Maybe your boss isn’t Bill Lumberg, but if his understanding of analytics is limited to green and red (ad hoc), chances are you’ve rolled your eyes more than once.
Hello Peter, what’s happening? Ummm, I’m going to need you to go ahead and come in tomorrow to build that report. So, if you could be here around 9 that would be great, mmmk… oh oh! and I almost forgot ahh, I’m also going to need you to go ahead and come in on Sunday too, kay? We ahh don’t understand why our sales dropped this week and ah, we need to play catch up and analyze it.
Honestly how many times has this happened to you? Maybe your boss isn’t a Bill Lumberg, but if his understanding of analytics is limited to green = good and red = bad, chances are you’ve rolled your eyes in disgust more than once.
It happens a lot with Ad hoc analysis
And you’re not alone. Ad hoc analytics requests can make up 50% of an analytics team’s time. So what is a pragmatic analyst to do? According to Phil Kemelor, one strategy is to adopt a “don’t say yes” approach. Before committing to a request, ask yourself: • What is the business reason behind the request? • Will this kind of analysis answer the business question? • Do we know how long this will take? • Can we fit this into our funnel?
In other words, having an intake process to prioritize analytics requests can save teams a lot of weekend work.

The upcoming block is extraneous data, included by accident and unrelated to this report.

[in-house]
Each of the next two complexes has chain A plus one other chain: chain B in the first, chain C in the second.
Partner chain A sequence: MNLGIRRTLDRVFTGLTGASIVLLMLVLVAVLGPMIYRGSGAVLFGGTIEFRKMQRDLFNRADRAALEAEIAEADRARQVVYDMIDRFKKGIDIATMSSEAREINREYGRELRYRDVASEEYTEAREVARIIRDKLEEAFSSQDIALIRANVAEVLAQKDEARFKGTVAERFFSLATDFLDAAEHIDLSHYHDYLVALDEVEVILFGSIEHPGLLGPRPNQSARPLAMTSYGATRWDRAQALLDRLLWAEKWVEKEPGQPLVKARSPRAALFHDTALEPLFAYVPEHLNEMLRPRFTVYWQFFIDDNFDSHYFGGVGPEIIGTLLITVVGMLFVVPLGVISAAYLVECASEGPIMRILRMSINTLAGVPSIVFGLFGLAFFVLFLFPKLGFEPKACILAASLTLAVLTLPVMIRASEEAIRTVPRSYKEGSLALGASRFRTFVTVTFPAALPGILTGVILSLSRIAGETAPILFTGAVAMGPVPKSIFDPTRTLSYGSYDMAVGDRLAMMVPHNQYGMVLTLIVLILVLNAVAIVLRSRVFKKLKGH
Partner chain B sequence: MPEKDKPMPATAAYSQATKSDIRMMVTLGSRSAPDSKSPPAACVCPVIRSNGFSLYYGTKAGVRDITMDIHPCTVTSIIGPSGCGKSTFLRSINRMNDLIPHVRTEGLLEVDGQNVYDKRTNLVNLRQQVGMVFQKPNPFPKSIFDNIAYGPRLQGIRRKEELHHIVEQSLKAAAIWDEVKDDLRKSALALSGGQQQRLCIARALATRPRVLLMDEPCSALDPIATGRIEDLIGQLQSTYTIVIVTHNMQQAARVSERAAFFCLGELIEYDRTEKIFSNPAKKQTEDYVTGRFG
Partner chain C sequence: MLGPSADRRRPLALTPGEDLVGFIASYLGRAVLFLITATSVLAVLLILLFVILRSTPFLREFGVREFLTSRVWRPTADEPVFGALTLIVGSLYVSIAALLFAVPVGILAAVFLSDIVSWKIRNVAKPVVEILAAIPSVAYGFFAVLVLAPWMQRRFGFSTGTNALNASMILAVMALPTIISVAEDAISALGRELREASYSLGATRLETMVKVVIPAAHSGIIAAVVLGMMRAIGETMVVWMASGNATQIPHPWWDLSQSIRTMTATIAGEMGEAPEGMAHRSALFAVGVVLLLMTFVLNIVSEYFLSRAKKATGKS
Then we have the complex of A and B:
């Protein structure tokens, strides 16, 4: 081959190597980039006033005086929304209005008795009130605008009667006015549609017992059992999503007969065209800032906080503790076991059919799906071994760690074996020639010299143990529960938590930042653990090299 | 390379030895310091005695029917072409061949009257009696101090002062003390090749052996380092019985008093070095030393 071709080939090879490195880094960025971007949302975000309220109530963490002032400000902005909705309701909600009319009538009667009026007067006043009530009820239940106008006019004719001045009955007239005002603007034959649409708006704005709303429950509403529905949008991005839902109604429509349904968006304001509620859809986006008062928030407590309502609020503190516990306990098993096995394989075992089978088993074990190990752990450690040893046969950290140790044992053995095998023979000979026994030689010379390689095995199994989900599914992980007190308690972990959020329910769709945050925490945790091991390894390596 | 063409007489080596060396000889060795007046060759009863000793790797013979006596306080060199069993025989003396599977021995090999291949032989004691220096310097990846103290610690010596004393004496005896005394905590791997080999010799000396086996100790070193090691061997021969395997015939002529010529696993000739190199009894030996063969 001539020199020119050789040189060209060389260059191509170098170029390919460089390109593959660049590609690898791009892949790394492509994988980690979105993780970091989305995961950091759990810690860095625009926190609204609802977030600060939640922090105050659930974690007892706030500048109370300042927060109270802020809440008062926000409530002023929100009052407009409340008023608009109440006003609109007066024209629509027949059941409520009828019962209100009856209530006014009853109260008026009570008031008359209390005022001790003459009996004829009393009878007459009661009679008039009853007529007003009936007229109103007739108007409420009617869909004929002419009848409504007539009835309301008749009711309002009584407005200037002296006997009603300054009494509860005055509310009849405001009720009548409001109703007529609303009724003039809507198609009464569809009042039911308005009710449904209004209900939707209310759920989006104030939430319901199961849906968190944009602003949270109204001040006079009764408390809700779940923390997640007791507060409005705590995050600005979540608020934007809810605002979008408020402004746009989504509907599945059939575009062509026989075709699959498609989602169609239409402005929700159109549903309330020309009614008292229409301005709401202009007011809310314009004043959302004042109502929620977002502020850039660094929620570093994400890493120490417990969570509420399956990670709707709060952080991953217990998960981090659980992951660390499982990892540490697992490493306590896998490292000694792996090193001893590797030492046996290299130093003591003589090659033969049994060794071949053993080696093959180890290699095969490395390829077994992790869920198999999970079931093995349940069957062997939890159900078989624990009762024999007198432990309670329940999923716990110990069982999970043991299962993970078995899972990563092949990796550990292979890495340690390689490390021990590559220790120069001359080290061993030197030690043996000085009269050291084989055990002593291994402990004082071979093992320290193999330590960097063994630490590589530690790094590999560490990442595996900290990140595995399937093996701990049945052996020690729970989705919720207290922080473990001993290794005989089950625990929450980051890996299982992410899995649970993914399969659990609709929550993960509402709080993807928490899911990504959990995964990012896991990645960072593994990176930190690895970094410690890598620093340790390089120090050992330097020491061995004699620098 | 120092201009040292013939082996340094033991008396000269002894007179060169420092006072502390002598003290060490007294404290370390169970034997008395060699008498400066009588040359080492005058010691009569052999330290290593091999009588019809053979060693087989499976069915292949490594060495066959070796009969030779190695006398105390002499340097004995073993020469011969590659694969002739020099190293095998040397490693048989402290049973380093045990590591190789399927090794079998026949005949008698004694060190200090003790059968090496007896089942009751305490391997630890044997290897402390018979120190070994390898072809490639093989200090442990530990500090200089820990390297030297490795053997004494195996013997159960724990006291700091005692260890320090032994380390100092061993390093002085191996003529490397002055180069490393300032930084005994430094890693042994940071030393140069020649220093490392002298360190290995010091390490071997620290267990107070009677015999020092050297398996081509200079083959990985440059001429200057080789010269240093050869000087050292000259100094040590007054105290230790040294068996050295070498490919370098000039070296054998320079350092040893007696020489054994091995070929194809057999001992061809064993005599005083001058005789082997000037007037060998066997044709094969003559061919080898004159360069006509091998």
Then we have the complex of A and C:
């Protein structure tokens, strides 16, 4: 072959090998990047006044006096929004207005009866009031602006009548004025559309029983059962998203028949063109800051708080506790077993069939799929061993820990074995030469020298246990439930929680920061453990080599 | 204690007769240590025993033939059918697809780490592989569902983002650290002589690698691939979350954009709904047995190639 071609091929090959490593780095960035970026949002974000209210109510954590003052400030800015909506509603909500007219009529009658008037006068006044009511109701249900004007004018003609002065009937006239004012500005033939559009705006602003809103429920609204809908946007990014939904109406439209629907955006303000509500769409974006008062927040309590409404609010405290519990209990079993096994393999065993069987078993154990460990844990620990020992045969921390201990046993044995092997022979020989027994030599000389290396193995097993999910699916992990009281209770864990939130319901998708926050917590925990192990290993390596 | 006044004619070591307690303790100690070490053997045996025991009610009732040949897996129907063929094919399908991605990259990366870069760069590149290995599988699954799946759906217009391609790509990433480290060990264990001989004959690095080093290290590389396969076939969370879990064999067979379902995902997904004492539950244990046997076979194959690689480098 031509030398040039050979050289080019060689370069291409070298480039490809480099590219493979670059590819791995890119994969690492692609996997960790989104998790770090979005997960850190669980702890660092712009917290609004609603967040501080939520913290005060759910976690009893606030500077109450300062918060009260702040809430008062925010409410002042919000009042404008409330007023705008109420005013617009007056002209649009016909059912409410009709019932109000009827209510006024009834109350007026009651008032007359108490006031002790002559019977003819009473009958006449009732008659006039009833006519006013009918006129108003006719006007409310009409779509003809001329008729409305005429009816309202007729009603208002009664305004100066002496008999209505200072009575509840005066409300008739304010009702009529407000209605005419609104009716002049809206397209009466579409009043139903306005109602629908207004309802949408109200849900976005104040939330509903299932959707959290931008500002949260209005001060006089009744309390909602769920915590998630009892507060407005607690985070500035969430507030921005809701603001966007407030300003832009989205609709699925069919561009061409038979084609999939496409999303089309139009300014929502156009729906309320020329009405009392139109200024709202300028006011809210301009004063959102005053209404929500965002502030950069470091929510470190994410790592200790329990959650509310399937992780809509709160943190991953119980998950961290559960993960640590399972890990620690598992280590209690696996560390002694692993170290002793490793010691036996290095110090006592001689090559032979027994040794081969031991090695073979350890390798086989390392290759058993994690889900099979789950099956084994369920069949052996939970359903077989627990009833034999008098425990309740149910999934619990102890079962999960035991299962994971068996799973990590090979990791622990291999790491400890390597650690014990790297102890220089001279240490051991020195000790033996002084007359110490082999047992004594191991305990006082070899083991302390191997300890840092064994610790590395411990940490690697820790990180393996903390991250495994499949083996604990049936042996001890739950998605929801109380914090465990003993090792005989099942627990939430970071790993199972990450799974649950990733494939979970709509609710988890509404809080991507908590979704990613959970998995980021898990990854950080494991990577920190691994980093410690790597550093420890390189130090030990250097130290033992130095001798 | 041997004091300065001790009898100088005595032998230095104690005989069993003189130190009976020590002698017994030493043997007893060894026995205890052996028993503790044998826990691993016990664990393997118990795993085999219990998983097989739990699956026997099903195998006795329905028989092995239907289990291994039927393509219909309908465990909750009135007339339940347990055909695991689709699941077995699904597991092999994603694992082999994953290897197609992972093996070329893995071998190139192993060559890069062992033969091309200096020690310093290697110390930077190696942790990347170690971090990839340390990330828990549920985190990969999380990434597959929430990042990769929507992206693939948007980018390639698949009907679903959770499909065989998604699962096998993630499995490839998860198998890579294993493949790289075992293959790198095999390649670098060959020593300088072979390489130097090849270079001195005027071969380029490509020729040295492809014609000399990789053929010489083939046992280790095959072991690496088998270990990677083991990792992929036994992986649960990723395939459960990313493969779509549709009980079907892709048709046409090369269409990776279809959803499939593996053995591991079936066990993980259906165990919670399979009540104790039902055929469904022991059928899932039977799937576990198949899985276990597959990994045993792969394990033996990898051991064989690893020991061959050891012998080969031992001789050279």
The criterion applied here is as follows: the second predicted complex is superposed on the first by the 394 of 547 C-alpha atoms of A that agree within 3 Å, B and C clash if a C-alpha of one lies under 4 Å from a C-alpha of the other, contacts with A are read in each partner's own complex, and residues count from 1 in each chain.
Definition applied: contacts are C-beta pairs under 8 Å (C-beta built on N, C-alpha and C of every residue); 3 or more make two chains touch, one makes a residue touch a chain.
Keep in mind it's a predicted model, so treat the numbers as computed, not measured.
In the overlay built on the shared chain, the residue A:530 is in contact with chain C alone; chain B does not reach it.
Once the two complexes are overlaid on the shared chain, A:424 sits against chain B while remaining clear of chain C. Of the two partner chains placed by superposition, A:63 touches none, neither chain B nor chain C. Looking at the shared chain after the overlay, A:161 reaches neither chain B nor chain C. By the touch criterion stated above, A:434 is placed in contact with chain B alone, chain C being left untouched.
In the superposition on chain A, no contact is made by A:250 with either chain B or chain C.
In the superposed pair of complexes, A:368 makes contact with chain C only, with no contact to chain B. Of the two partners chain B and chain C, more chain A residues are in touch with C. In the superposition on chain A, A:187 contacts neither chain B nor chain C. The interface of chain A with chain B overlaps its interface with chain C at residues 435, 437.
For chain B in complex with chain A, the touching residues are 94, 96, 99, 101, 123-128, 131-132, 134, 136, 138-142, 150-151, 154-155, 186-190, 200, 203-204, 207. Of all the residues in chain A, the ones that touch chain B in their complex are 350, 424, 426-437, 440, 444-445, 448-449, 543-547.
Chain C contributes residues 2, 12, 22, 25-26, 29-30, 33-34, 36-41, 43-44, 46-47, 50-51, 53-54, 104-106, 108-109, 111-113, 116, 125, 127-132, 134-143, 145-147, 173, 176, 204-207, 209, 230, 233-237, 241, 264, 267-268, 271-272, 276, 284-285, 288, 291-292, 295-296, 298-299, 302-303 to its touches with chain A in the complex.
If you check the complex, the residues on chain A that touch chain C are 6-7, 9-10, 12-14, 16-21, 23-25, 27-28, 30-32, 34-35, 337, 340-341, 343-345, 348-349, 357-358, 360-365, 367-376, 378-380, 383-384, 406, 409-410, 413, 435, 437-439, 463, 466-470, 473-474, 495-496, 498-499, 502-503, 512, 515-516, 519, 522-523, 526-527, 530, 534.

When deciding whether to commit or pushback on a request, it’s also important to remember that your efforts will be wasted if the analysis cannot be acted upon. In other words, what will the business unit be able to do when they get access to your analysis? Will the organization be able to make changes to improve a bad situation? Nothing is more frustrating than spending a weekend building a report that subsequently gets printed out and put on a shelf to collect dust.
1. Knowing the difference between driving the car and fixing the engine
Brent Dykes also emphasizes the importance of understanding the difference between reporting and analysis. Reporting is the process of organizing data to monitor performance; analysis is the process of exploring data and reports to extract insights.
The former helps a company ensure that everything is running well, the latter is an investigative tool used to figure out what’s going on “underneath the hood.” Organizations that don’t understand the difference between the two are more susceptible to ask for more ad hoc requests.
2. Doesn’t self-serve solve this problem?
What about self-service tools? After all, if any employee has the potential to become a citizen data scientist, then the demand for ad hoc requests should drop, right? Perhaps, but the costs to the organization might outweigh the benefits. Literally.
The ad hoc reporting promise fails when ad hoc reports: • Are treated like official reports shared broadly across the organization• Perform shallow analysis that lacks real insight• Are subject to the author’s own confirmation bias
3. Take a stand, for the right reason
Not everyone has the luxury of saying no to their Bill Lumberg. But, as a recognized data expert in your organization you do have something much more powerful – credibility.
In the long run, this means that you have the ability to shape your company’s data strategy, and ultimately wean the business off random ad hoc analysis. Start flexing those muscles today.